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Volume V - Spiritual Liberty



The murshid is one who is passive to the word of God from within, who is illuminated, and who holds communion with God.

There are two kinds of murshid. In the first place, there is the murshid who receives inspiration in the jungle or in the solitude and when he arrives at the fullness of the message he comes forth to find a suitable talib or mureed, one who is responsive, to whom he can give this message, for the light must find expression. For this light to manifest, no learning is necessary. The most unlettered have been the greatest teachers in the world. One notable example is Kabir, the weaver who wrote volumes of inspired verse. His poems were in the language of an illiterate man, but in spite of this they have been read and admired all over India, and Kabir is looked upon as one of the greatest and most enlightened teachers. This class of murshid, therefore, gathers around him mureeds who are responsive, and who will make themselves passive to receive his training. This is difficult for some people who say that they cannot give up their individuality to another. But when we consider the question, we may ask ourselves, 'Who is another?' Then we realize that in the true sense of being there is but one. When the veil of ignorance is raised there is no longer any 'I' and 'you,' but only the One exists. This is the teaching of the Bible and of all scriptures. The murshid and the mureed are one.

The other murshids are khalifs, those who belonged to a special school such as the Chishtiyya, Qadiri, Naqshibandi, Sohrwardi, and who base their training on a careful and special observation of human beings, and their character and tendencies. They teach exactly the same truth as the other class of Sufi, but they follow a method adapted to suit the faith, belief, nature, and manner of the people who come under their care. The system is only the outer garment, the coat as it were. Many people claim to know all about Sufism from simply reading about it in books, but what such people know is in reality only the system, the outer garment, not the inner truth.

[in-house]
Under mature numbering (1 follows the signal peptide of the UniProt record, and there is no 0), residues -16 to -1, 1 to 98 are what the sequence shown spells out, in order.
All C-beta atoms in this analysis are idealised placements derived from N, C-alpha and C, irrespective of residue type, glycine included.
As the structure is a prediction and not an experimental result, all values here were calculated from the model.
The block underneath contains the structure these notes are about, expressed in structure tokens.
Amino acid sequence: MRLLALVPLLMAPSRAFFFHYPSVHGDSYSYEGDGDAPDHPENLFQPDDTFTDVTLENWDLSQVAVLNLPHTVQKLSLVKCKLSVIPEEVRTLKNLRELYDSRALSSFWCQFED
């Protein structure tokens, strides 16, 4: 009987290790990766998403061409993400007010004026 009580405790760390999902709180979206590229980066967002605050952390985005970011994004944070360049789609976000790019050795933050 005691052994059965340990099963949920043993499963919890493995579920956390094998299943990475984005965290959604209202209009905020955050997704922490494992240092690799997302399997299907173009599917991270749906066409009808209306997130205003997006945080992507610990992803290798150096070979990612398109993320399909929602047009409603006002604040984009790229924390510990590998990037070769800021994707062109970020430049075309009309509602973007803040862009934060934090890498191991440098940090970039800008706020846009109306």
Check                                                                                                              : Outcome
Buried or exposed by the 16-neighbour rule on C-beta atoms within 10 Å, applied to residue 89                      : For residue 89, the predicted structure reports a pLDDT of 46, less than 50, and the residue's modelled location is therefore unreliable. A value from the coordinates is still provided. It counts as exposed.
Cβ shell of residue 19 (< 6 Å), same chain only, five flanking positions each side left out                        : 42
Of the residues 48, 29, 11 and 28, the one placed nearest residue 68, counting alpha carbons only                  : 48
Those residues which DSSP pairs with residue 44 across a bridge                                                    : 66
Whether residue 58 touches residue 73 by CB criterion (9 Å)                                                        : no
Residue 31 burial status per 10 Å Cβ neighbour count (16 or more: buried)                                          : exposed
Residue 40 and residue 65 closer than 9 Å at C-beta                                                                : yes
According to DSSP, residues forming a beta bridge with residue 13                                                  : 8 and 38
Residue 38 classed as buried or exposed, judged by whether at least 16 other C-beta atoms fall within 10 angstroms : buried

Some people who see Sufism taught by a Muslim, preaching in the mosque, naturally call it a branch of Islam. But they do not know that the seed, which is found in the fruit was in its origin the root of the same plant. Those who see it in the garb of Hinduism, say it is derived from Hinduism. Those who see its resemblance to Buddhism, say that its origin is Buddhism.

Now the message of Sufism is being proclaimed in the West where the people are mostly Christian. And as it is given to suit the faith, belief, customs, and manners of the inhabitants, a person who does not know the real idea of Sufism may say that this is a new sect of Christianity. Let people call it what they will. Sufism being the essence of all religion, it matters little what faith people profess, provided they understand it rightly.

In the East there are many such schools. There is a great spiritual advantage in being initiated into one of them, as the initiate has the help, not only of his murshid, but of all the former murshids who have passed over to the other side. He is, in fact, as a link in a chain. The murshid is like a gardener who knows all the flowers, plants and fruits in his garden, and carefully tends to them. In like manner the murshid tends all those who have entrusted themselves to his guidance.

The murshid is also like a physician. He prescribes to each mureed medicine suited to his needs. The same medicine could not be given to all.

A true murshid is looked upon as a bridge to unite his mureeds with their Lord. He is, as it were, the gatekeeper of the king's palace, and he can guide only to the inner door, which leads to the presence chamber. The murshid is far greater than an earthly sovereign, for by his glance or his word he can change the life of another who comes to him in faith, for his kingdom is the Kingdom of Heaven, which has its domain over all the kingdoms of the earth. Hafiz says, 'Do not mistake the ragged sleeves of the dervish, for under those sleeves that are full of patches, most powerful arms are hid.'

The murshid desires all earthly as well as heavenly blessings for his mureeds. But he can do little where there is no response and faith. The murshid sets far greater stress on the life of his mureed than on the punctuality of his meditation. He teaches that it is of far greater importance to cultivate in one's life attributes such as kindness, gentleness, and love. It is when the mureed fails in this that the murshid is unable to inspire him, for the mureed is standing in his own light.

A story is told of a mureed who had been under the guidance of a murshid for some years, and had not yet attained his goal. He had seen many come, and depart inspired. In the end, he went to the murshid, and asked why this was so. The murshid said in answer, 'My son, the fault is not with me, but in thyself.' A mad dog was passing at the time, and the murshid glanced at it, and the dog was cured instantly of its madness. He then pointed out that it was not lack of power on the part of the murshid, but lack of response on the part of the mureed. About this, Hafiz says, 'The dark-fated ones cannot be guided even by the illuminated ones.'

checked 4-Mar-2006